PARAG KHANNA is a Senior Research Fellow in the American Strategy Program at the New America Foundation. In 2008, he was named one of Esquire's "75 Most Influential People of the 21st Century," a Young Global Leader of the World Economic Forum, and one of fifteen people on WIRED magazine's "Smart List." Khanna holds a PhD from the London School of Economics, and Bachelors and Masters degrees from the School of Foreign Service at Georgetown University. He is author of the international best-seller The Second World: Empires and Influence in the New Global Order and his newest, How to Run the World: Charting a Course to the Next Renaissance.
RAGHURAM RAJAN former chief economist at the IMF author, FAULT LINES: How Hidden Fractures Still Threaten the World Economy Rajan predicted trouble in 2005 and sees income inequality as a root cause.
SIMON JOHNSON, former chief economist at the International Monetary Fund, is currently Professor of Entrepreneurship at MIT's Sloan School of Management and a senior fellow at the Peterson Institute for International Economics in Washington. He is the co-author of STARTING OVER IN EASTERN EUROPE and co-founder of the blog site THE BASELINE SCENARIO with James Kwak, with whom he also co-authored the new book, 13 BANKERS: The Wall Street Takeover and the Next Financial Meltdown.
JOSEPH STIGLITZ became a full professor at Yale in 1970 at the age of 27, and in 1979 was awarded the John Bates Clark Award, as the economist under 40 who had made the most significant contribution to the field. He has taught at Princeton, Stanford, MIT and Oxford, and is now University Professor at Columbia University, Chair of Columbia's Committee on Global Thought, and co-founder and Executive Director of the Initiative for Policy Dialogue.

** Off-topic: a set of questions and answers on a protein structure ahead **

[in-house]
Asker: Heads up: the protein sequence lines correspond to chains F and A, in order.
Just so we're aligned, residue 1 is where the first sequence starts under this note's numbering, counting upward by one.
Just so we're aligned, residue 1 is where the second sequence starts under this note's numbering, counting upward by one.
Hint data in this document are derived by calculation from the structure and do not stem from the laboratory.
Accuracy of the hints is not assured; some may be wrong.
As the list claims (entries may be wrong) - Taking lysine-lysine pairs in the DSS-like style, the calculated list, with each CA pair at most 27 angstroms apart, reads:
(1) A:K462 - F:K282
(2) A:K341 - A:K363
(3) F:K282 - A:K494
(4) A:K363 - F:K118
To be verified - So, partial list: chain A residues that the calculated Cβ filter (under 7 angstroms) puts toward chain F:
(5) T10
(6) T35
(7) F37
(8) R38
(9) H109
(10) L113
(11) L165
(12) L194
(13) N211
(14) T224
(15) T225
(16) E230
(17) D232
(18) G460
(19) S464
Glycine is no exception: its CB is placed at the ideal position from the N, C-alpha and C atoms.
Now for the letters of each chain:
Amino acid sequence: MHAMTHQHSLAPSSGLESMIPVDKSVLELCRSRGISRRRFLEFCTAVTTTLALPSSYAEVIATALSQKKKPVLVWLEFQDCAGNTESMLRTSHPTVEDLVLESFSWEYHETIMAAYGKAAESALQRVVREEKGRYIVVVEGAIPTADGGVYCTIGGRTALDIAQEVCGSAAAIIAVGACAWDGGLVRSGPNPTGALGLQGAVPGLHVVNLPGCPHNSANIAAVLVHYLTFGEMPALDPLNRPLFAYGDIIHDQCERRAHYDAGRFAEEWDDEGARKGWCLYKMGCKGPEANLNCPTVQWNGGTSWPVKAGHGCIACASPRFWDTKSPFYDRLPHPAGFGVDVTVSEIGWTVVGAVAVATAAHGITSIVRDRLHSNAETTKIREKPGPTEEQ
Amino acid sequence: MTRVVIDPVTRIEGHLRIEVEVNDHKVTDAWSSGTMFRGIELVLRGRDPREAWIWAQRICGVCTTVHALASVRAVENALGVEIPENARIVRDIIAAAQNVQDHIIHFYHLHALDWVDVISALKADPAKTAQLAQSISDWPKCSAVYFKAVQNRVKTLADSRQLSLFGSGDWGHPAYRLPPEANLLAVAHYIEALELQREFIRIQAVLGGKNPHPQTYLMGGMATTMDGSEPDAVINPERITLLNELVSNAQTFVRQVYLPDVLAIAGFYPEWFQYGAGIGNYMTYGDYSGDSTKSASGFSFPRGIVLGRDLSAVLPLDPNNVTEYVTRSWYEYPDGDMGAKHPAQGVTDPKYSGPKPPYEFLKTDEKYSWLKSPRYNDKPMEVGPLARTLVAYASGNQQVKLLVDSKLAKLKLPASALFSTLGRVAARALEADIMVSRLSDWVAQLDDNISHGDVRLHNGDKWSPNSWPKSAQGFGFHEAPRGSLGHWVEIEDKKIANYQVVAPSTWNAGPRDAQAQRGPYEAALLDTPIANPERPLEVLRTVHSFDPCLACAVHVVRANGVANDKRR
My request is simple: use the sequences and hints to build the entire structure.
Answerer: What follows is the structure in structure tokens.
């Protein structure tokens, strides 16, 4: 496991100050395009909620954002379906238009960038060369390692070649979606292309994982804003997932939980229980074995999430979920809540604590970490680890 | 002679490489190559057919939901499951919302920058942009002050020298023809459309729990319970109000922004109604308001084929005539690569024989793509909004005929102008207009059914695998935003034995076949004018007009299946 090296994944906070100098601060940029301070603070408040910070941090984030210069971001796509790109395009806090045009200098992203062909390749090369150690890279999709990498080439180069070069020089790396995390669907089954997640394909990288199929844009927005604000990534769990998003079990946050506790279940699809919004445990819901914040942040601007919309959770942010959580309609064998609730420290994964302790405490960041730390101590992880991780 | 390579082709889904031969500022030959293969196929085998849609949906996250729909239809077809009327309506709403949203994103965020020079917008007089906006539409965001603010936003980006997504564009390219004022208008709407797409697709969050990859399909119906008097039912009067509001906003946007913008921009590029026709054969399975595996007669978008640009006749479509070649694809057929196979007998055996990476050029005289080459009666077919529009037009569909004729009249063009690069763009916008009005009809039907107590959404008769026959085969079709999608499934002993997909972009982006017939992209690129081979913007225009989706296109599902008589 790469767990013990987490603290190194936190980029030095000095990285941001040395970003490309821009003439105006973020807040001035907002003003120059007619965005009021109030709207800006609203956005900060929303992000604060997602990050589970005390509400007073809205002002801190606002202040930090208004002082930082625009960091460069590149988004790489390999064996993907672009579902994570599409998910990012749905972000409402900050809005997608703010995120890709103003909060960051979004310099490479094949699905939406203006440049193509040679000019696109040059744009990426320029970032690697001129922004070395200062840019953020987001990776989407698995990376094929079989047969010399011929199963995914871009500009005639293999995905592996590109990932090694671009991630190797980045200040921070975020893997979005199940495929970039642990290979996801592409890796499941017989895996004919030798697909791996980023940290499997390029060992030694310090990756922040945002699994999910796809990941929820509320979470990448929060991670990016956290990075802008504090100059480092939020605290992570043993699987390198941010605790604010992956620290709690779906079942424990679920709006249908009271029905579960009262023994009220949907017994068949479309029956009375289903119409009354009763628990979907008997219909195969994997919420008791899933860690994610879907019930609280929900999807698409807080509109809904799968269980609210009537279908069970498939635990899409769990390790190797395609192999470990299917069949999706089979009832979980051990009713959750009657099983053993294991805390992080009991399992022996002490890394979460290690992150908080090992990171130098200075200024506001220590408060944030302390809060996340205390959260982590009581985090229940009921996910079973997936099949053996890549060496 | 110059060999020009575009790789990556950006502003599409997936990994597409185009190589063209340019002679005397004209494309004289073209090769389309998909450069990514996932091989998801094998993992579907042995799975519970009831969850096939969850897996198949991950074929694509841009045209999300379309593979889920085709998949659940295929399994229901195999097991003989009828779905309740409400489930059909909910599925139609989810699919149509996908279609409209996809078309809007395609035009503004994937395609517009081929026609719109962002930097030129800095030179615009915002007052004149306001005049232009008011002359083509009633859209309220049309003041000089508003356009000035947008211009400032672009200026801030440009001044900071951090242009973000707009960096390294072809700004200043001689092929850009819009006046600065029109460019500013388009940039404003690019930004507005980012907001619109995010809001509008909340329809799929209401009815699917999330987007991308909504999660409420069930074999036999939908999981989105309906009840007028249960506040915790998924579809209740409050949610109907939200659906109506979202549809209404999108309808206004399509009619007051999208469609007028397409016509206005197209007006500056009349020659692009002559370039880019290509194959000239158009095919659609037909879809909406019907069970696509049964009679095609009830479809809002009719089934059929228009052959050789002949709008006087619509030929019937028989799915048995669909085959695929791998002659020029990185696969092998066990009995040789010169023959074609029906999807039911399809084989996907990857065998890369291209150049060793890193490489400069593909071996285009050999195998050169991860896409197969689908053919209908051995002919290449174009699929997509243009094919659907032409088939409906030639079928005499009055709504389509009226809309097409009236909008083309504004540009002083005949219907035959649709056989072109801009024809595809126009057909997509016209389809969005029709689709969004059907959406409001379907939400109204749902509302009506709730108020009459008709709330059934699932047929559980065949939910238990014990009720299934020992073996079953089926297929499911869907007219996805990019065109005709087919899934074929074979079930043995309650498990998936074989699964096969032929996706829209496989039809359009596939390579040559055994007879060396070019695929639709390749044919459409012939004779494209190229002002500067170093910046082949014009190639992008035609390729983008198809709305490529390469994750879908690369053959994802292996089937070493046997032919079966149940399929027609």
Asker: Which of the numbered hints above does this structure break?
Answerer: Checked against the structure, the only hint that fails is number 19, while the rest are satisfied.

Stiglitz was a member and chairman of the Council of Economic Advisers during the Clinton administration, and later Chief Economist and Senior Vice-President of the World Bank. In 2001, he was awarded the Nobel Prize in economics and he was a lead author of the 1995 Report of the Intergovernmental Panel on Climate Change, which shared the 2007 Nobel Peace Prize.
JOSEPH STIGLITZ is the author of, among other books, Globalization and Its Discontents, Fair Trade for All, Making Globalization Work, The Three Trillion Dollar War: The True Cost of the Iraq Conflict, with Linda Bilmes, and his newest, Freefall: America, Free Markets, and the Sinking of the World Economy.
JANE D'ARISTA writes and lectures on economics and finance and is a Research Associate at the Political Economy Research Institute at the University of Massachusetts, Amherst. She served as a staff economist for the Banking and Commerce Committees of the U.S. House of Representatives, as a principal analyst in the international division of the Congressional Budget Office and has lectured in graduate programs at Boston University School of Law, the University of Massachusetts at Amherst, the University of Utah and the New School University. Her publications include a two-volume history of U.S. monetary policy and financial regulation.
Author, REBUILDING THE FRAMEWORK FOR FINANCIAL REGULATION
"...barely known among exalted policy-makers, ...progressive economists recognize the originality of her thinking..."
-- William Greider in "Fixing the Fed" (see below)
By William Greider, March 11, 2009, Nation
Congress and the Obama administration face an excruciating dilemma. To restore the crippled financial system, they are told, they must put up still more public money--hundreds of billions more--to rescue the largest banks and investment houses from failure. Even the dimmest politicians realize that this will further inflame the public's anger. People everywhere grasp that there is something morally wrong about bailing out the malefactors who caused this catastrophe. Yet we are told we have no choice. Unless taxpayers assume the losses for the largest financial institutions by buying their rotten assets, the banking industry will not resume normal lending and, therefore, the economy cannot recover.